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Rounded belly on Guinea

Charlotte Emily

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My female guinea is a much different shape to my male, and I'm worried maybe there is something going on in her gut? My boar is nearly 1 year and is fairly long and straight in shape and my young female seems to be ballooning in the middle. My boar is neutered so I'm fairly confident she isn't pregnant is this a sign of bloating? or could it be where she is still growing as she is only around 3 months old.
I wouldn't be able to get her to a vet for a few days because of my work schedule but I don't want to leave her if it's potentially something serious.
 

Wiebke

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My female guinea is a much different shape to my male, and I'm worried maybe there is something going on in her gut? My boar is nearly 1 year and is fairly long and straight in shape and my young female seems to be ballooning in the middle. My boar is neutered so I'm fairly confident she isn't pregnant is this a sign of bloating? or could it be where she is still growing as she is only around 3 months old.
I wouldn't be able to get her to a vet for a few days because of my work schedule but I don't want to leave her if it's potentially something serious.
Hi!

How long since the two have been together and how many weeks after the operation has your boar been introduced?

If you suspect bloating, then you really need to see a vet promptly, with severe bloat (a drum tight belly that makes a hollow sound when you gently knock against it) classed as an emergency. Severe bloat can kill; it is not the kind of thing that you can leave to DIY treatment with home remedies.
Please read this guide here; it talks about bloating in a comprehensive way from symptoms, treatment and care advice for bloated guinea pigs. Any medical advice has been proof-read by an experienced long term owning exotics vet nurse.
Digestive Disorders: Diarrhea - Bloat - GI Stasis (No Gut Movement) And Not Eating
Emergency, Crisis and Bridging Care until a Vet Appointment
 

PigglePuggle

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Many piggies especially girls are naturally a big round pear shape with big tummies and bottoms, if her tummy feels soft and she isnt in any discomfort when you gently touch it she is probably just a naturally chubby lady shape. If the tummy feels hard or she is in any pain or discomfort when you examine her (beyond the usual "get off me!" squirms and wheeking) or if she is having any trouble eating or pooping or seems lethargic or hunched over, that would be a reason for concern and would need an emergency vet trip for bloat. Bloat can kill, and wouldnt wait a few days, it should be treated by a vet immediately as an emergency- but your piggy would show some signs of pain or distress or hiding away and reduced eating or pooping- but a chubby tummy can be quite normal!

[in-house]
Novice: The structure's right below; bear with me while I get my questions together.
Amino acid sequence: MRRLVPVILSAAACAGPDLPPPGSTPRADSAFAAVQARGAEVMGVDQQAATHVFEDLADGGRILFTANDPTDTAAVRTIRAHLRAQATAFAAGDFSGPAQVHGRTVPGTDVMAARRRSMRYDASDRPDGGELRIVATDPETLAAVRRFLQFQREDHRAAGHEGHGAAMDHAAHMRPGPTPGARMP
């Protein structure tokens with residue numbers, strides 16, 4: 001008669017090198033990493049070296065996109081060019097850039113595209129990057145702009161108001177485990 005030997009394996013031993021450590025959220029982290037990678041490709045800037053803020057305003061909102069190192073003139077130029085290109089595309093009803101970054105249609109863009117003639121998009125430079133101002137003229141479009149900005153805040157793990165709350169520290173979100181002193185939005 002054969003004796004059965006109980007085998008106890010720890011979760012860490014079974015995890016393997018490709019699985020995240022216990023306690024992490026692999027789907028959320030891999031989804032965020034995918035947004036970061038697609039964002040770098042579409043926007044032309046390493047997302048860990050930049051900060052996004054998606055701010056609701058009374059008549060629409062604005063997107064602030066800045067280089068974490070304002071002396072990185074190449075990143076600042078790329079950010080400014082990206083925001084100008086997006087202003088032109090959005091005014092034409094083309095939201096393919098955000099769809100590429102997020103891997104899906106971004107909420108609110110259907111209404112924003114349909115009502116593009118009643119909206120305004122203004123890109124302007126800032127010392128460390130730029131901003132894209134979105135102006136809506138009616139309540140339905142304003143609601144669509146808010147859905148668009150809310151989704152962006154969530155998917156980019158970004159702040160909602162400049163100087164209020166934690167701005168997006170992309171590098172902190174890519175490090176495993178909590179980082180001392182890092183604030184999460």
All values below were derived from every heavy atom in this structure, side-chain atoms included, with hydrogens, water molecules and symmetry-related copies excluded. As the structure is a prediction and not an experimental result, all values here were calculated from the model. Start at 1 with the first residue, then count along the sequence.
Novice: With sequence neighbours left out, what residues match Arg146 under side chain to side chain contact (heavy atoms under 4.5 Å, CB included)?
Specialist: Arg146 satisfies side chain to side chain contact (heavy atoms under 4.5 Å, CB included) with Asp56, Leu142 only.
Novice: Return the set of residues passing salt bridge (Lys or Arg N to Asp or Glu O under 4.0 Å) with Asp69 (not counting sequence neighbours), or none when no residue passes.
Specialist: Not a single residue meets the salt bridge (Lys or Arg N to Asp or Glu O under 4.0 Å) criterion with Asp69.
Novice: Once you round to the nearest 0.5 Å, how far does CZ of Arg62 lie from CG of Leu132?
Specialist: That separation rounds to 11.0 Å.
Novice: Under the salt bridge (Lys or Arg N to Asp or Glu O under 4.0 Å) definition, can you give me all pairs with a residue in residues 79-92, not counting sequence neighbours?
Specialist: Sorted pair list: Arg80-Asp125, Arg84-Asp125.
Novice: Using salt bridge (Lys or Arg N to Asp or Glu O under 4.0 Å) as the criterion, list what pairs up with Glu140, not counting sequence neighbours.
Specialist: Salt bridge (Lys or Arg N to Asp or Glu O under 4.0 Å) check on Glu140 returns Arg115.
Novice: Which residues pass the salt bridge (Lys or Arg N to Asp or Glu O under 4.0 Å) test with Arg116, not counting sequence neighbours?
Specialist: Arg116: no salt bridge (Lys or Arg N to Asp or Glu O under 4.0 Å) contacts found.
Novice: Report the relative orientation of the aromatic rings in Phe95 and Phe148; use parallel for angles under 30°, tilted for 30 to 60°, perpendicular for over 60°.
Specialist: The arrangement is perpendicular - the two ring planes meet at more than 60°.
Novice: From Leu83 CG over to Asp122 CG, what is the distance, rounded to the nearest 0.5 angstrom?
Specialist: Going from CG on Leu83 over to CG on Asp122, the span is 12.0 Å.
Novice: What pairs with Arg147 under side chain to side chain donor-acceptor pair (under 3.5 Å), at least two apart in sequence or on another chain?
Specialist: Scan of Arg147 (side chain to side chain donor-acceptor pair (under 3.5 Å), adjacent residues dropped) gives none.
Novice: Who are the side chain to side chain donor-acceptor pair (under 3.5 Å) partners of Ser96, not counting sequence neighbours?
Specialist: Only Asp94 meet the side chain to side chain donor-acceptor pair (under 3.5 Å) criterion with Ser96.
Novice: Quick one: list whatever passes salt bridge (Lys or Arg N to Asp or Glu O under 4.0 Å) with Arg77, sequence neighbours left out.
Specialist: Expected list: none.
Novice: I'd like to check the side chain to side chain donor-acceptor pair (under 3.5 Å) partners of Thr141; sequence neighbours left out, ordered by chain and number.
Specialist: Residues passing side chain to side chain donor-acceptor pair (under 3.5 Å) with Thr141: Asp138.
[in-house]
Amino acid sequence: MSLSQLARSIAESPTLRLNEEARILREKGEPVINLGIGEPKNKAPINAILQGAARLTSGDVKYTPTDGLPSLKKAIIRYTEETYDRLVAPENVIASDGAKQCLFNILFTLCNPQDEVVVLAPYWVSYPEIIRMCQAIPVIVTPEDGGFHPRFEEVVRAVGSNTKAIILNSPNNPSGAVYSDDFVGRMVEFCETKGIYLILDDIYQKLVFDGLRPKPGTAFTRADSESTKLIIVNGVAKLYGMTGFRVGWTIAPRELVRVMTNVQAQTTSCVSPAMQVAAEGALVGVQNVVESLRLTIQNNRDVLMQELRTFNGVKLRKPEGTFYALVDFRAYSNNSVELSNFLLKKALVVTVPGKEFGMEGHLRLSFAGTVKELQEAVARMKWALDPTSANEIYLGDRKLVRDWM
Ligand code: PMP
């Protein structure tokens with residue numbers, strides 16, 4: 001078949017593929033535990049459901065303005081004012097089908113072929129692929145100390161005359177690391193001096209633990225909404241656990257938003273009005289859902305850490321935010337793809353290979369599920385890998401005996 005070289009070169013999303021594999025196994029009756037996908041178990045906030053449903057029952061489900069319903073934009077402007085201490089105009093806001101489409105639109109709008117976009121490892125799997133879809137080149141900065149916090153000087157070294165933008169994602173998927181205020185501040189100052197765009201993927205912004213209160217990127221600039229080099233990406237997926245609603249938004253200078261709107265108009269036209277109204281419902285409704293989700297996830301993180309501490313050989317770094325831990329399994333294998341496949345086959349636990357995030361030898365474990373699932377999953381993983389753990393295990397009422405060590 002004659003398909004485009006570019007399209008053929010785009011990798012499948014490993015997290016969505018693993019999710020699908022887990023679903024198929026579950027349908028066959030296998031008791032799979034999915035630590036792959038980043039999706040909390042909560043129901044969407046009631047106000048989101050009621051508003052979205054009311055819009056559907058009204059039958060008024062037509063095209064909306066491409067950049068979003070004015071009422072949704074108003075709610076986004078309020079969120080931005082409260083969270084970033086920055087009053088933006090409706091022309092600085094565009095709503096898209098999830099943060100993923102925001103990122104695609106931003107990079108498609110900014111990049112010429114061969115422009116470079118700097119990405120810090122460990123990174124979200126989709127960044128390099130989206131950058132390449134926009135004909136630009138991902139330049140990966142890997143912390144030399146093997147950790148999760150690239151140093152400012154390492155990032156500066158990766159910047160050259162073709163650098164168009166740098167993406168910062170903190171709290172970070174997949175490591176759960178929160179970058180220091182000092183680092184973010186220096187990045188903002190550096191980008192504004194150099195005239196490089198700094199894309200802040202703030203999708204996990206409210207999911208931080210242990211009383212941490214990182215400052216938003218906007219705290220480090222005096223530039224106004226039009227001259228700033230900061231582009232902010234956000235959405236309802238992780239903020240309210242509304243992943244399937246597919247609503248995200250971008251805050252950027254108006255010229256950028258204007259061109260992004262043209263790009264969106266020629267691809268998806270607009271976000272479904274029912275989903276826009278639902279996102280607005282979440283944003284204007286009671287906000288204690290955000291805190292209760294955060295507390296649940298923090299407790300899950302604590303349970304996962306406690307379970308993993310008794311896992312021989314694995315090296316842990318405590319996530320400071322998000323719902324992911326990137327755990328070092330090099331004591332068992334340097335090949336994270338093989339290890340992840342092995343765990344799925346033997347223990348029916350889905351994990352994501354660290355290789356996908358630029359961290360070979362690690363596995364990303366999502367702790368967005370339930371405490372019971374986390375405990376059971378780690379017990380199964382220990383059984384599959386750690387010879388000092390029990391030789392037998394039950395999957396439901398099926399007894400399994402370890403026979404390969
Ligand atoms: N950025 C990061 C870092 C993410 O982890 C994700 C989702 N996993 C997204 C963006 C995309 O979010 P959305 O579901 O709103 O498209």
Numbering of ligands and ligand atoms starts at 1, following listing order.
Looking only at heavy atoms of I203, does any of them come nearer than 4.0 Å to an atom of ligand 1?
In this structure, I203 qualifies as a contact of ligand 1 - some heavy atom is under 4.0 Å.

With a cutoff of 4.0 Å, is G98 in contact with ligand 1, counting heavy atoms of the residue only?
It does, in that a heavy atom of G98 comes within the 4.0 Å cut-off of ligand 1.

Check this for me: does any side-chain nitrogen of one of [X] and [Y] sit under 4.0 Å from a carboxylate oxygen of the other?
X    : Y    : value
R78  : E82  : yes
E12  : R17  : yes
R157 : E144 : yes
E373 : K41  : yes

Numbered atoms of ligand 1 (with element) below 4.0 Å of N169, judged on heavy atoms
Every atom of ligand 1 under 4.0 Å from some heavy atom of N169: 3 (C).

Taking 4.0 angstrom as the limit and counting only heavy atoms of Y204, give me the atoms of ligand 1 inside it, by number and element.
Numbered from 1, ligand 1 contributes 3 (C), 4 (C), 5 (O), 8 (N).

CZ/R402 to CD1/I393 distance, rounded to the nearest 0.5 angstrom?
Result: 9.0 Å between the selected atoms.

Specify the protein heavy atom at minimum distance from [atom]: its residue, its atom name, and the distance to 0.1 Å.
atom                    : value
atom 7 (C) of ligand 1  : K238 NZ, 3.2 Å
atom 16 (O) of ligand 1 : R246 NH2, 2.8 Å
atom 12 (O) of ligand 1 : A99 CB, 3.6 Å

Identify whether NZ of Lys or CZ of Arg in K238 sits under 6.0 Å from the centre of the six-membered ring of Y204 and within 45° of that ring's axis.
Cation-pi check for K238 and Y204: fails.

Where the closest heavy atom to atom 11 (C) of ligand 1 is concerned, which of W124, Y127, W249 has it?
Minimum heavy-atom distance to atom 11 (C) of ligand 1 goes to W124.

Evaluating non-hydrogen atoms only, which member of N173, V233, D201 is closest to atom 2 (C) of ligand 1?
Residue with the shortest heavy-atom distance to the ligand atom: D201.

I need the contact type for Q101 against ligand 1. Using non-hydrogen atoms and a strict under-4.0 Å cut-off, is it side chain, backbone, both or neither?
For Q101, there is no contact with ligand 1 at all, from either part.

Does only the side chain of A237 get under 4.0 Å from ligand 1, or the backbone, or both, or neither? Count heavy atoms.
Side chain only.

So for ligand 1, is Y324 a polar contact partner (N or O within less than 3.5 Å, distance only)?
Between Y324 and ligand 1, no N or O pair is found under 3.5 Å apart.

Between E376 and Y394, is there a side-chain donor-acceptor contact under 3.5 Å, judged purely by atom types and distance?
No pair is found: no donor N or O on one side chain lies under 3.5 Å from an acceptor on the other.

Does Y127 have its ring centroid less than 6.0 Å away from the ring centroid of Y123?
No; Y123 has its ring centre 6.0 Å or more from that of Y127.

Charlotte Emily

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Many piggies especially girls are naturally a big round pear shape with big tummies and bottoms, if her tummy feels soft and she isnt in any discomfort when you gently touch it she is probably just a naturally chubby lady shape. If the tummy feels hard or she is in any pain or discomfort when you examine her (beyond the usual "get off me!" squirms and wheeking) or if she is having any trouble eating or pooping or seems lethargic or hunched over, that would be a reason for concern and would need an emergency vet trip for bloat. Bloat can kill, and wouldnt wait a few days, it should be treated by a vet immediately as an emergency- but your piggy would show some signs of pain or distress or hiding away and reduced eating or pooping- but a chubby tummy can be quite normal!
I've had a feel to see how she reacts and it really doesn't bother her. She is still eating hay like theres no tomorrow and isn't acting strange. She has definitely rounded out in the last 2 weeks or so so maybe it's just her shape, I'll definitely be keeping a close eye tonight and tomorrow morning! If I think she is eating less or not as active I will 100% make a trip to the vets

My male was neutered nearly 8 months ago so I'm 99% sure it's not babies at least haha
 

Charlotte Emily

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Okay, so development: I think shes up the duff. Felt her belly again today and I'm convinced there was movement. Pretty upset about the situation as if she is, I will need to seperate the two. He was a lone piggie for 6 months after his companion had a adverse reaction to the anaesthetic during the neutering, and we were over the moon when he bonded with her so well.

I have no clue what the vet will say, she may not be pregnant and I may be being paranoid, but if she is, I have no idea what I'm supposed to do!